DMU uses an internal package DBMS_DUMA_INTERNAL which just creates an interface to DUMA_LIB library. 

Beside that, in my simple testcase DMU used the undocumented function SYS_OP_CSCONV(<column>, <target characterset> [, <assumend source characterset>] ). Even it is not part of the SQL documentation, it can be found in the DMU documentation

To enambe DMU doing all it's magic, some events are set. In my case they were: 


and at the end, another undocumented command is executed: 


The lastest (21) docu tells: 

You can no longer change the database character set or the national character set using the ALTER DATABASE statement. Refer to Oracle Database Globalization Support Guide for information on database character set migration.

Of course using any of these statements is totally unsupported (even others already used some parts to fix existing problems) it's woth to know SYS_OP_CSCONV() can be used in any case where "wrong" characters were inserted and need to be fixed. 

One last bit I stumbled across: it seems even DMU can not manipulate AUD$INIFIED:

There is one even less documented function: SYS_OP_CSCONVTEST. It also has 3 parameters, I just assume these are equal to those of SYS_OP_CSCONV
It returns a number, in my tests there were 3 possible results:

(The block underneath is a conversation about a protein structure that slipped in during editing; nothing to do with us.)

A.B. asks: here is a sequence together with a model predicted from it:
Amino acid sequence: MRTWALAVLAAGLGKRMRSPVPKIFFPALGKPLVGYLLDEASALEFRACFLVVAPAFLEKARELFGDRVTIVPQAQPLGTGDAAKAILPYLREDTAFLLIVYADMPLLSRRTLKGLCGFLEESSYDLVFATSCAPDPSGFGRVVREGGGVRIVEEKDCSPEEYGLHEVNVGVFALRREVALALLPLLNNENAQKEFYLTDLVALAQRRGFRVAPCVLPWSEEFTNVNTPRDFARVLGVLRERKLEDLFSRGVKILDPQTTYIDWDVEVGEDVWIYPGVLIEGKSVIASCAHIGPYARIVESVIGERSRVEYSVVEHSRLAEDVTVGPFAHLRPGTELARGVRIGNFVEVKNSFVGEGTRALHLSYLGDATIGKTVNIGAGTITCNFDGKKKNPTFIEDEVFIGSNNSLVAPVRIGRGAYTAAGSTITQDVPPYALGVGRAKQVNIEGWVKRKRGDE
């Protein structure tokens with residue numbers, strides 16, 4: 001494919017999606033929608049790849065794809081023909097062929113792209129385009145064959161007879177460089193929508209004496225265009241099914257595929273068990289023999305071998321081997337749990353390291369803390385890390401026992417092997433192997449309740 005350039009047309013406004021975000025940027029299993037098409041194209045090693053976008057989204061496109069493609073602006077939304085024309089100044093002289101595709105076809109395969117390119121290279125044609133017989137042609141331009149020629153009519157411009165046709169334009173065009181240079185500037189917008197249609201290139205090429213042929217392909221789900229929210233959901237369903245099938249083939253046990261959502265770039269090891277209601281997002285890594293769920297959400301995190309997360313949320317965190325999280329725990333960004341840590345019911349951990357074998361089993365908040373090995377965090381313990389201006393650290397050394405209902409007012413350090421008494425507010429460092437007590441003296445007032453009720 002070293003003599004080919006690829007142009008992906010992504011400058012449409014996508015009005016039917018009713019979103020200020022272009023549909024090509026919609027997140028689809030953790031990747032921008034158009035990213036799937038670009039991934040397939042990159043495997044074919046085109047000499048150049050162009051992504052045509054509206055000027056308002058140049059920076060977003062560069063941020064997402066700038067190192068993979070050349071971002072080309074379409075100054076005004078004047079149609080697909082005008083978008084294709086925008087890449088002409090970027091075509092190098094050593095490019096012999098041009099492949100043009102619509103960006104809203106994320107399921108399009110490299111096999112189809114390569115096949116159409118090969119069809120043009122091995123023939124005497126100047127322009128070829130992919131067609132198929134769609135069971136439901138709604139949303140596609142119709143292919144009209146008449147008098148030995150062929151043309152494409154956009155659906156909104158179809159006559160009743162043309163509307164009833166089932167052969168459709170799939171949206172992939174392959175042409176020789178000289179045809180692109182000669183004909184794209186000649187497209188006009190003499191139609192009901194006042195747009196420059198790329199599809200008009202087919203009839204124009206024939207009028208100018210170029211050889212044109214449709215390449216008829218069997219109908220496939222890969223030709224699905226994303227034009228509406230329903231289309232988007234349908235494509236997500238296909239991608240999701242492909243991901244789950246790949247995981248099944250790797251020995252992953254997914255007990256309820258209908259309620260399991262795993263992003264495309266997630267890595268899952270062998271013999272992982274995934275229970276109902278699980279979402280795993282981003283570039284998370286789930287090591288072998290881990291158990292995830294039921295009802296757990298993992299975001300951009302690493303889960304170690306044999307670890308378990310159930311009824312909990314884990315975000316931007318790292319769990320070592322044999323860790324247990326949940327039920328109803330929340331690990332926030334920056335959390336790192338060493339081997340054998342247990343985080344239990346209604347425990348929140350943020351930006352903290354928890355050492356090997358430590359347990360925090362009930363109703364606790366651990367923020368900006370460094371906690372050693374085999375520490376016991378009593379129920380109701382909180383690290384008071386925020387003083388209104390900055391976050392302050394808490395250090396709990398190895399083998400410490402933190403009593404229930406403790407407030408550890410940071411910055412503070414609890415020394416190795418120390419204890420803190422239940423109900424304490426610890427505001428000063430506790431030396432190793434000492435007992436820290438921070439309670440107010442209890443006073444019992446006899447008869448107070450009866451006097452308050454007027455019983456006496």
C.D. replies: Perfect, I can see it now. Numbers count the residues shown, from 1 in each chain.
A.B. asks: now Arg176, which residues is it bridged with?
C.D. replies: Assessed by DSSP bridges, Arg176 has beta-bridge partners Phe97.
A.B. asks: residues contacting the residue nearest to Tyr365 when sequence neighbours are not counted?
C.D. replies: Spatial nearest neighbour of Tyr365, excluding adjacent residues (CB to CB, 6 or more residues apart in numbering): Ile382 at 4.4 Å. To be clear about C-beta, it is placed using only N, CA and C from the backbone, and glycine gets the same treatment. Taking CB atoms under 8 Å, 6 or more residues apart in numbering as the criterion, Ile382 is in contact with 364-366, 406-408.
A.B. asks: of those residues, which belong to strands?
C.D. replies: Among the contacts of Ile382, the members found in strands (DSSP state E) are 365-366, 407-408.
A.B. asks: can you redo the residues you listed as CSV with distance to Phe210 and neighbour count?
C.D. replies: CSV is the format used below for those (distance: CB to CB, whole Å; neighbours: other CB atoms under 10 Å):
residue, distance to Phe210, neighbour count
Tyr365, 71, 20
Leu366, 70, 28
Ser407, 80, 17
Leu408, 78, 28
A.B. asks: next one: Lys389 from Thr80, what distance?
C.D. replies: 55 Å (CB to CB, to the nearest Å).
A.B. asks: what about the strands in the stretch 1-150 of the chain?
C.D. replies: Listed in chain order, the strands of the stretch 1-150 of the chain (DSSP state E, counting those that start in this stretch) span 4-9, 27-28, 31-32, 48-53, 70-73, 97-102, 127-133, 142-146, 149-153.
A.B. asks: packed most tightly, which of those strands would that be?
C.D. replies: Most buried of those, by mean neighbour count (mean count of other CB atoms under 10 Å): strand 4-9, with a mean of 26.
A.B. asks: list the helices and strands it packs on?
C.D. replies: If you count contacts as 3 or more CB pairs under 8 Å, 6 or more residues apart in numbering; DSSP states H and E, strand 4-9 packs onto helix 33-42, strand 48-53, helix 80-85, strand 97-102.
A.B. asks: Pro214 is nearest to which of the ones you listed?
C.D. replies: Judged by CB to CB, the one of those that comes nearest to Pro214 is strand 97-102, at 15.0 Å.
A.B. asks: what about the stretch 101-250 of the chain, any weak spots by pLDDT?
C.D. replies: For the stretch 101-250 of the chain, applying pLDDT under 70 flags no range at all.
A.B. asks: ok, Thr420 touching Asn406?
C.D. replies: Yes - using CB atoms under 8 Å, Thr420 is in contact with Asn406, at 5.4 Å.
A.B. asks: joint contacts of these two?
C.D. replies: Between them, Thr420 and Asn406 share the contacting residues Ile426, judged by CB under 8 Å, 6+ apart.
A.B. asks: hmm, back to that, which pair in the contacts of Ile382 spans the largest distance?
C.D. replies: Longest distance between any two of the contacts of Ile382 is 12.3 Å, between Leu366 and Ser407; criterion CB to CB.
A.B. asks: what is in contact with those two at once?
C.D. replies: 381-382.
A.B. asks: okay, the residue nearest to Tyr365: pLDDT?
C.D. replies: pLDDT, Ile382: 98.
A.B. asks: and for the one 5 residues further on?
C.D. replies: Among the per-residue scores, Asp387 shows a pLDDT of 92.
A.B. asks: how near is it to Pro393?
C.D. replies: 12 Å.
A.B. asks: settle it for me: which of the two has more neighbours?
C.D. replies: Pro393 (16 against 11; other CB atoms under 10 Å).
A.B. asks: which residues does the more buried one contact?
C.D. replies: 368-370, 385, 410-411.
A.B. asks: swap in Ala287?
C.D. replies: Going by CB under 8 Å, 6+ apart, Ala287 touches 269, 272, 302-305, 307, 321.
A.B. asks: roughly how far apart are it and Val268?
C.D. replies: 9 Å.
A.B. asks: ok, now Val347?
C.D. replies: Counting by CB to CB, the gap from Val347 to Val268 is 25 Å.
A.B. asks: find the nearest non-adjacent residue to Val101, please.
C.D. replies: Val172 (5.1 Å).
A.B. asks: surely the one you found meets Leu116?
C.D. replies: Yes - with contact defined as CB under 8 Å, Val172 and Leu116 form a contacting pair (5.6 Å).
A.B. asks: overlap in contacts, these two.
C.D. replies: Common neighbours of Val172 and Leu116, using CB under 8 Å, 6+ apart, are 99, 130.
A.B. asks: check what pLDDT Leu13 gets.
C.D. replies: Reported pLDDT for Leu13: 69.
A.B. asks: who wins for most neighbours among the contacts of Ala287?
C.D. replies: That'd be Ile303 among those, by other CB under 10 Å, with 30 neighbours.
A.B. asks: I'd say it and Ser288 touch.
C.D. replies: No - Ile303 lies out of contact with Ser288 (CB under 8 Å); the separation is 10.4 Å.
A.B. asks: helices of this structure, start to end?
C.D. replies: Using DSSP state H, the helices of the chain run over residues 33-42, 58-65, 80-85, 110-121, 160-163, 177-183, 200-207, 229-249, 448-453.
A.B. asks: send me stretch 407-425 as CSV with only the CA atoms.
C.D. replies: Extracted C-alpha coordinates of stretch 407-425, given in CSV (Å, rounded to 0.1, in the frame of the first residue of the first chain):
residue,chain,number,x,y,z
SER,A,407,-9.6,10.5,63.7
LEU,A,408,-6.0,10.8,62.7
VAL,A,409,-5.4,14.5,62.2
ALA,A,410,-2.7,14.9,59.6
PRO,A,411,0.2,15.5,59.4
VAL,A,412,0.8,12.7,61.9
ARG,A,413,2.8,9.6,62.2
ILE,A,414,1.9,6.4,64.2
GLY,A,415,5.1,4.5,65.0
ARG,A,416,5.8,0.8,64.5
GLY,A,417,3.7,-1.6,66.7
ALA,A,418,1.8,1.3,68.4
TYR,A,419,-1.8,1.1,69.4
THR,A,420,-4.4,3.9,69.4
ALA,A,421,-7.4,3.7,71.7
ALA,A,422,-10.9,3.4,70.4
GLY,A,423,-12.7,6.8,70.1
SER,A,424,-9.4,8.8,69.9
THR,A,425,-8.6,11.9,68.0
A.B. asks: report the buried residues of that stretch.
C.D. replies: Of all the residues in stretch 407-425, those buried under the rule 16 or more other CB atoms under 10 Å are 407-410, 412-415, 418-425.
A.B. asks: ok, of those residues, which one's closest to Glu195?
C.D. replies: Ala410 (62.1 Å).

1needs conversion
0no conversion needed
-1no conversion possible

Let's hope this is of any help.

Freitag, 20. August 2021

ASM lsof with process ID

 Oracle ASM can list files which belong to a (current active) instance. 

The command is lsof. Unfortunately it does not provide the process-ID which holds the file open. lsof gets the data from internal view X$KFFOF, which contains additional information.

Based on all I found (which is close to nothing) I can provide this SQL - might it help, to find the holder of an open AMS file form now on.

     , lsof.NUMBER_KFFOF       as FILE_NUMBER
     , lsof.DBNAME_KFFOF       as DB_NAME
     , lsof.OSID_KFFOF         as OS_PID
     , lsof.PATH_KFFOF         as PATH
     , lsof.FLAGS_KFFOF        as FLAGS 
  AND bitand(flags_kffof, to_number('00004000', 'XXXXXXXX')) = 0  -- kffilf_invalid = 0x00004000

Sonntag, 2. Mai 2021